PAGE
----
Gubernatorial campaign stresses student voting

By M. Robert Berg

Local campaign workers for Democratic Gubernatorial Candidate Richard Phelan are urging students to vote in the primary and general elections, because strong student vote turnout will equal a strong voice in Springfield.

Lance Pacernick, regional media coordinator for the Phelan for Governor Campaign, discussed Phelan’s stances on issues close to NIU students and emphasized the importance of a large student turnout at the polls.

“We will have offices in Kane, DuPage and DeKalb county,” Pacernick said. “There will also be a Students For Phelan group forming, with two goals on campus.”

The first goal will be to get every student to vote in the primary election March 15 and the general election in November, he said. “A large voting block would mean more big-time politicians coming to NIU, and NIU getting a bigger share of the higher education funding.”

Pacernick outlined Phelan’s stances on a number of issues of most concern to NIU students, including education, employment, economic recovery and abortion.

“Governor (Jim) Edgar has done very little in the way of being an education governor,” Pacernick said. “The Chicago schools are an egregious example. He sat there (in Springfield) and said everything’s all right, while the schools are only open because of money they borrowed.”

An important duty of governor involves the Illinois Board of Higher Education (IBHE), a board that directly affects NIU students. “The governor appoints people on the IBHE, so it’s very important that students vote in a governor who’s in favor of higher education,” Pacernick said.

The Illinois employment situation will affect graduating students, and as of now the situation is not good, Pacernick said. “54,000 people have been unemployed since Edgar came into office,” he said. “Under Edgar, unemployment is up 26 percent, and 300 companies have either shut down and left or have laid off employees. This is not acceptable.”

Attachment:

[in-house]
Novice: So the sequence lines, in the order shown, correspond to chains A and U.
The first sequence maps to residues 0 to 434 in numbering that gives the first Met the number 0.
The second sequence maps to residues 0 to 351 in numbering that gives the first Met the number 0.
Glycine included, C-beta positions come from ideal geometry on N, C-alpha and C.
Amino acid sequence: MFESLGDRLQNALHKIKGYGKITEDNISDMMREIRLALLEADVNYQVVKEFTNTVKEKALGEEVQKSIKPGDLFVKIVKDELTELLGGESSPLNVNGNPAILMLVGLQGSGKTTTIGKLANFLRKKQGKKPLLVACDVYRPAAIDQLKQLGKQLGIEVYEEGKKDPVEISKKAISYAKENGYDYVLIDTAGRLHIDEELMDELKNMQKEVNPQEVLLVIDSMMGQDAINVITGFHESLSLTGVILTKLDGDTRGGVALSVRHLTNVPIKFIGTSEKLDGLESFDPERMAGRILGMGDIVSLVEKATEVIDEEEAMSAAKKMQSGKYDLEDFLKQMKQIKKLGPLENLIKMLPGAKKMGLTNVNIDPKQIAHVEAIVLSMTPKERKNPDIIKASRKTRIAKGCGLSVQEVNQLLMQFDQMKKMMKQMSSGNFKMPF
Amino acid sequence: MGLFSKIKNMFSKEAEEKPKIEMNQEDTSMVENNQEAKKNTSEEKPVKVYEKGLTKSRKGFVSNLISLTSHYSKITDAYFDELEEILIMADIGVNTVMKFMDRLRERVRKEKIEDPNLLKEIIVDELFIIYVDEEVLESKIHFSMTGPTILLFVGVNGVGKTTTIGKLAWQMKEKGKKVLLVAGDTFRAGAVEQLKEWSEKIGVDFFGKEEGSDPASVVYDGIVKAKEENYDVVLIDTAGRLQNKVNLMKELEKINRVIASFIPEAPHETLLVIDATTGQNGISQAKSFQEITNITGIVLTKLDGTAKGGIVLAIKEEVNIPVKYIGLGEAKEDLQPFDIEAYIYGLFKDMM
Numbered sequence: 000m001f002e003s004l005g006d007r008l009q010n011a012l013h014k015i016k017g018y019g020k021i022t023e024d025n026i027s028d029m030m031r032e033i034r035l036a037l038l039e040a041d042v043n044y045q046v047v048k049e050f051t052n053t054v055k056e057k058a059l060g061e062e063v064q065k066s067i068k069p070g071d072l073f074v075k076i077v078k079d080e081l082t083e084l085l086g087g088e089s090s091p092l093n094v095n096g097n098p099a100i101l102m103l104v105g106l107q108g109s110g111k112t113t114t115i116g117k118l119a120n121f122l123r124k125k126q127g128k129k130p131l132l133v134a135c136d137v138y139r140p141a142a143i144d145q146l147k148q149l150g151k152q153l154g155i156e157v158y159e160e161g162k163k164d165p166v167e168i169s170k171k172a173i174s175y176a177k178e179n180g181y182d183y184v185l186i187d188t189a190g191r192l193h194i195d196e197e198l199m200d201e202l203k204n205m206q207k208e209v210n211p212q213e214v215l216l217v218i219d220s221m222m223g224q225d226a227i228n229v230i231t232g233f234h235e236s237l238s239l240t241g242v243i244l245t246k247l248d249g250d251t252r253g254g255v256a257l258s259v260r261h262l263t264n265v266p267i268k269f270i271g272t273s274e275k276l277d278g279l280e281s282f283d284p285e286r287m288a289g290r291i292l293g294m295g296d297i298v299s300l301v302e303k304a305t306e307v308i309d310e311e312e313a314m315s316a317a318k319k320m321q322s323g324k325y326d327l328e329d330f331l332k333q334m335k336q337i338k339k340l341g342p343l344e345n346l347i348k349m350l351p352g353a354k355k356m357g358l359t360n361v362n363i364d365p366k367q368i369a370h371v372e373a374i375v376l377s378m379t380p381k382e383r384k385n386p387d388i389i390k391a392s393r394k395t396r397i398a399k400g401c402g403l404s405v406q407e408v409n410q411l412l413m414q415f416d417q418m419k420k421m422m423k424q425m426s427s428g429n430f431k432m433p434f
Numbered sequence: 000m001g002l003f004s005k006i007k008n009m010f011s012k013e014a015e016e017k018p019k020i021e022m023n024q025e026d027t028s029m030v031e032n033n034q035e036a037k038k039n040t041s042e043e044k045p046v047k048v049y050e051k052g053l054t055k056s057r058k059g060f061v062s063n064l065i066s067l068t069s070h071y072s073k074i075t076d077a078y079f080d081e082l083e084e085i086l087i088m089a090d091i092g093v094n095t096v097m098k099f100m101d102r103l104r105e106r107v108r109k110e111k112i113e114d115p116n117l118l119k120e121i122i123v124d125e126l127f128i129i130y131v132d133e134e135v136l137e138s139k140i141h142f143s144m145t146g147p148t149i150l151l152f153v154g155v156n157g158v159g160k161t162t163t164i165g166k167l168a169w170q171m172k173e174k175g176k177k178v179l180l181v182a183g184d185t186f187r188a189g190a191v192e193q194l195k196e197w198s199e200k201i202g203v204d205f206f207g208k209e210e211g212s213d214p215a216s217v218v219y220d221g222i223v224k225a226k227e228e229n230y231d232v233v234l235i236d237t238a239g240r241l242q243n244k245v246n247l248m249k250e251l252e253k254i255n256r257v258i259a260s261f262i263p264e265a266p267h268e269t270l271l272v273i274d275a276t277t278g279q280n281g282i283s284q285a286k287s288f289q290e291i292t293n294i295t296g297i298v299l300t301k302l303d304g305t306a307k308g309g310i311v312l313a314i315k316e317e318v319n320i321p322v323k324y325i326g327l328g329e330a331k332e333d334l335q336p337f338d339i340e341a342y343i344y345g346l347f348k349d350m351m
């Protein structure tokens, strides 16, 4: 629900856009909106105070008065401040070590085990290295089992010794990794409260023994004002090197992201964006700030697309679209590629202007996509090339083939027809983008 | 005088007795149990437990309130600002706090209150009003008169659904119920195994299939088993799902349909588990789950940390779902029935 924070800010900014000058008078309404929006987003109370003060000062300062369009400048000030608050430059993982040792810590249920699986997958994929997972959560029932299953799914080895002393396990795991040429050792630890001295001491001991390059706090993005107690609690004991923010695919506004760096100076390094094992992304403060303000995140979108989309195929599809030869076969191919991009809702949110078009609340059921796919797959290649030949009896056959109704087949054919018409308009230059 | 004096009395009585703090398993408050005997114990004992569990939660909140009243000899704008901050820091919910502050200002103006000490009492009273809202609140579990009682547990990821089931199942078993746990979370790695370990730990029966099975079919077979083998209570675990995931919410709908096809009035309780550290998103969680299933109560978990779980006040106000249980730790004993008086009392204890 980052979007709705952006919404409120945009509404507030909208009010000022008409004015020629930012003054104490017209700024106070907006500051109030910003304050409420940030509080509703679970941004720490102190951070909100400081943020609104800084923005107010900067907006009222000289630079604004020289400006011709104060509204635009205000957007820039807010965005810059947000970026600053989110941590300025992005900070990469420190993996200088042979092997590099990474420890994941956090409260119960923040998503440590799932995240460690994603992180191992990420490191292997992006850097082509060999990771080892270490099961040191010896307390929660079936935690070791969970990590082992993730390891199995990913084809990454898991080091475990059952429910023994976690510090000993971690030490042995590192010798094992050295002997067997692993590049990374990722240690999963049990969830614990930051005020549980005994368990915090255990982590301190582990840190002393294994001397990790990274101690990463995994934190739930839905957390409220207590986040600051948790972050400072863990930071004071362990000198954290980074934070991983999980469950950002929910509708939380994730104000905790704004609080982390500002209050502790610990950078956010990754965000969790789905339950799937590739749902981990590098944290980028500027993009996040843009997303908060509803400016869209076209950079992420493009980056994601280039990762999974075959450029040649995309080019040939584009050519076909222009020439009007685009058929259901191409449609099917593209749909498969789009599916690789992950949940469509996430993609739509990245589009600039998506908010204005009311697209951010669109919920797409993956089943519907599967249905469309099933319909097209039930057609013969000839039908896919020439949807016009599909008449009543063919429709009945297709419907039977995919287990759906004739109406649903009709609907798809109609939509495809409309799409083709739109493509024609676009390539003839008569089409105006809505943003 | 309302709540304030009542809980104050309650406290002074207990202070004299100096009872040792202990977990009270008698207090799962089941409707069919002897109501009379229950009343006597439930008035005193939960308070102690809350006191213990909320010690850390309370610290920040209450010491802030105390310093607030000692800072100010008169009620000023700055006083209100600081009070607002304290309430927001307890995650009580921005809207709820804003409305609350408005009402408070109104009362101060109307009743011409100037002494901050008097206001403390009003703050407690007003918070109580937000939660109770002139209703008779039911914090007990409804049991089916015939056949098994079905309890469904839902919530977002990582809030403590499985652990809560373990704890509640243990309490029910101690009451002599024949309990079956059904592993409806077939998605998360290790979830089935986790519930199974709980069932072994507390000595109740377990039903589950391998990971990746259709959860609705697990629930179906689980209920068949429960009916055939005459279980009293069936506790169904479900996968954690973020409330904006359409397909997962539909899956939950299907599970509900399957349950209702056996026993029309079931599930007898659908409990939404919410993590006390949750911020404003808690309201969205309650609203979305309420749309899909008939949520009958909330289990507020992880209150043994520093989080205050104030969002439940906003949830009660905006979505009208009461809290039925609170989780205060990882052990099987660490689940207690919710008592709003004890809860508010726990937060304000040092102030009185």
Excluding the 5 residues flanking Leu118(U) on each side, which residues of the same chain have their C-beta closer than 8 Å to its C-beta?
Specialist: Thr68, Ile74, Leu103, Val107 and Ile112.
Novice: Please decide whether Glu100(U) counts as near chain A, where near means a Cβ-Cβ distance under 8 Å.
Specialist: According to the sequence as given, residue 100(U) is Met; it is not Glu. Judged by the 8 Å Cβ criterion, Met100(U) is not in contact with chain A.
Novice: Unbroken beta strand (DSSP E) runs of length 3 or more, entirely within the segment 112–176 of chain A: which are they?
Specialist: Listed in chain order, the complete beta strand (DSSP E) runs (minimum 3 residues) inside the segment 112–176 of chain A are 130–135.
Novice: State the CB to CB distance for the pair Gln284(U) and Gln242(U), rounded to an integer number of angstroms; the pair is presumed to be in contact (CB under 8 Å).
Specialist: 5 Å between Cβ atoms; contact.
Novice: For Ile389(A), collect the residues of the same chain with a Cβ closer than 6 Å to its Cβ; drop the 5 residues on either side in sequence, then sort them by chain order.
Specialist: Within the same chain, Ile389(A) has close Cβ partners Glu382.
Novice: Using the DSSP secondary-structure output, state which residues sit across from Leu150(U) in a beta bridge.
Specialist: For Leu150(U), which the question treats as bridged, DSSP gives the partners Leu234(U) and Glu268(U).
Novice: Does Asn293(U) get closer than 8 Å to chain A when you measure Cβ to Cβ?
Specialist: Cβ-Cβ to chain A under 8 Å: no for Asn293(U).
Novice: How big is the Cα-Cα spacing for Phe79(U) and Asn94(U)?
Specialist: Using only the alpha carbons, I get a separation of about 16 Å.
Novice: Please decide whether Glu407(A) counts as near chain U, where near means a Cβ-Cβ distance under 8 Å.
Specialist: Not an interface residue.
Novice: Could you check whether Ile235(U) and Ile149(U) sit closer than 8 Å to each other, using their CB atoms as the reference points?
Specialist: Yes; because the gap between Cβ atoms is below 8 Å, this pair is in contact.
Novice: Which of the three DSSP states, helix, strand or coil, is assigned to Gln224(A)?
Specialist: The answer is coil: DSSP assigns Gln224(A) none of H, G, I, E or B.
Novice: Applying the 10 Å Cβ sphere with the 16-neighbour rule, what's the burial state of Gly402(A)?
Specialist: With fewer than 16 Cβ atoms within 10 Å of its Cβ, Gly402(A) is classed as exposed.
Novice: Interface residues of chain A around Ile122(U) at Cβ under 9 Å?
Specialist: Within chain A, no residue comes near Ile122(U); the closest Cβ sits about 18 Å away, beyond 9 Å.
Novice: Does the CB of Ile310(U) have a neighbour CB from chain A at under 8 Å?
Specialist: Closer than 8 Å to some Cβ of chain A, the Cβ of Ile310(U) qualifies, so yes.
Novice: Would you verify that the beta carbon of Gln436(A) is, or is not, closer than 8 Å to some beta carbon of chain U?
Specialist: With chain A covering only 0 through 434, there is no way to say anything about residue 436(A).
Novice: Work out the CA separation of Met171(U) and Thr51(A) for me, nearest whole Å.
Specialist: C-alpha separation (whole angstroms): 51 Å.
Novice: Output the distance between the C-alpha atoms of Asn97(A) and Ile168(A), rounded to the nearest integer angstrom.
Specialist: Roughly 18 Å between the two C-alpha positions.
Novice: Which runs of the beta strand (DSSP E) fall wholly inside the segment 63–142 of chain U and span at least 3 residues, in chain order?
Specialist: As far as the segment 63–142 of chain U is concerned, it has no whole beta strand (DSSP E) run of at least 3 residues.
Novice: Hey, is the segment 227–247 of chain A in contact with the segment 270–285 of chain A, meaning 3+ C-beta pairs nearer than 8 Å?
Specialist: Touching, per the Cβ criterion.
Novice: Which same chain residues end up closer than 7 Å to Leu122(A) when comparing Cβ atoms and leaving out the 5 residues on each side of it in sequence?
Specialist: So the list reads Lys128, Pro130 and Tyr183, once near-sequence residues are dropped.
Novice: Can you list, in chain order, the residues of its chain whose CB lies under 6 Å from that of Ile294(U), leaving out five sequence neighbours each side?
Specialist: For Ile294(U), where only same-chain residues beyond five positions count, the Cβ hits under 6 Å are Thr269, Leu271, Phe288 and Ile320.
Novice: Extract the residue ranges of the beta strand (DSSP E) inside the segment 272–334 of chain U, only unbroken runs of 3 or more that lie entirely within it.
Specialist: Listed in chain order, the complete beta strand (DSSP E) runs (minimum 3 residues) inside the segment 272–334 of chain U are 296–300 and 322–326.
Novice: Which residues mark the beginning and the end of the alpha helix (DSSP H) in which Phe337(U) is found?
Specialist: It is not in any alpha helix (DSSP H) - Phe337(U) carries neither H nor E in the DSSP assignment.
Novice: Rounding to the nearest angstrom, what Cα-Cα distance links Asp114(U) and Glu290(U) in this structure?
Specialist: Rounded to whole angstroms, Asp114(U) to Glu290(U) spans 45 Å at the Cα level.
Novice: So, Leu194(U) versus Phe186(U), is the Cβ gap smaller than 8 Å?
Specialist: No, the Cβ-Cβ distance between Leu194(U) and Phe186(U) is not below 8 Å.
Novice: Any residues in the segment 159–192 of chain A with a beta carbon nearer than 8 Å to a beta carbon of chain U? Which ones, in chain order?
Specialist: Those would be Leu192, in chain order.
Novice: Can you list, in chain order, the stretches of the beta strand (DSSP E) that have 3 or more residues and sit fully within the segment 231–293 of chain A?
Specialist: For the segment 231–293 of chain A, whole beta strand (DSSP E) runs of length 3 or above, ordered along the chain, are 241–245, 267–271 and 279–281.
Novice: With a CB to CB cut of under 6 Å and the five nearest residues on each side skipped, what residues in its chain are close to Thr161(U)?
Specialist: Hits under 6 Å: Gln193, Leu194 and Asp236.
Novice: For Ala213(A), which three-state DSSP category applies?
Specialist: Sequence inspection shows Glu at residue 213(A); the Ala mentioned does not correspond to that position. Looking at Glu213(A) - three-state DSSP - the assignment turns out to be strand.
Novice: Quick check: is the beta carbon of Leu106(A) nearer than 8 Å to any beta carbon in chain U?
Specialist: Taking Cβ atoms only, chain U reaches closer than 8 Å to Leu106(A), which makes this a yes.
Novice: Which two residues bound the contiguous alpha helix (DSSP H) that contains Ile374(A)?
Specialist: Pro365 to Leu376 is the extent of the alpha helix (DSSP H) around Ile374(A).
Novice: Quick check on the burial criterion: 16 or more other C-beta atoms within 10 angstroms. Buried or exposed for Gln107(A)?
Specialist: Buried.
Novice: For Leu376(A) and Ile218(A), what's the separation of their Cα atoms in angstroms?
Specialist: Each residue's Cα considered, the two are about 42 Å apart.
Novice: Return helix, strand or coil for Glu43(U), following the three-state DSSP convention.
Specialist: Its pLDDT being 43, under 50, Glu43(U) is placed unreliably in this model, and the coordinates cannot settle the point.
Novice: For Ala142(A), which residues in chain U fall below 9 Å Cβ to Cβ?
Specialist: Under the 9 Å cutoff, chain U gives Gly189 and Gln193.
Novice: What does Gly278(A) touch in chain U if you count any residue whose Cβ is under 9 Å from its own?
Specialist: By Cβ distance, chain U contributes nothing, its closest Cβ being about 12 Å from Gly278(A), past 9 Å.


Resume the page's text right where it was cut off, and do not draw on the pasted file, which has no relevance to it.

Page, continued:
A sound economic recovery plan is needed to alleviate unemployment problems, Pacernick said. “We need economic recovery outside of the gambling boats,” he said. “Phelan is in the process of detailing a recovery plan now.”

Tony Jacob, the vice chair of the Young Democrats at NIU and a DeKalb County Board member, said the economic situation in the state needs a big improvement. “We have cities like Rockford that have been voted as one of the worst cities to live in, and some southwest suburbs outside of Chicago that have been pointed out as the worst suburbs in America,” he said. “These towns have nothing to work with economically, and have problems with bad infrastructure.”

Currently, Phelan is the Cook County Board president, and in this position he stood up for his pro-choice beliefs on abortion. “He reopened Cook County Hospital for abortion services, based on the premise that abortion should be available to all, not just those who can afford it,” Pacernick said. “The case is about to go to the Supreme Court of the United States.”

By issuing this executive order, Phelan “stuck out his neck for pro-choice and equality,” Pacernick said.

Phelan’s campaign also is breaking precedent in Democratic primary elections with his choice as a running mate, Pacernick said. Phelan chose Illinois State Senator Penny Severns from Decatur as his lieutenant governor candidate.

“Usually the governor and lieutenant governor do not run together, but there are many advantages to running together,” Pacernick said.

“Phelan is turning around business-as-usual politics,” Pacernick said. “Severns is someone who is a decision-maker on the team, not someone who goes to ribbon-cutting ceremonies and public relations events.”

Since the March primaries have been scheduled for the week of NIU’s spring break, Jacob said he would help voters in delivering absentee ballots to people’s homes. “I will pick up the ballot from the county and drop it off at their home, so they can vote and send it back,” he said. For this service, Jacob’s number is 753-2731.

Also, the Students For Phelan group will be helping students register to vote, Pacernick said. “We will have registration tables on campus, where you can register to vote in about two minutes,” he said.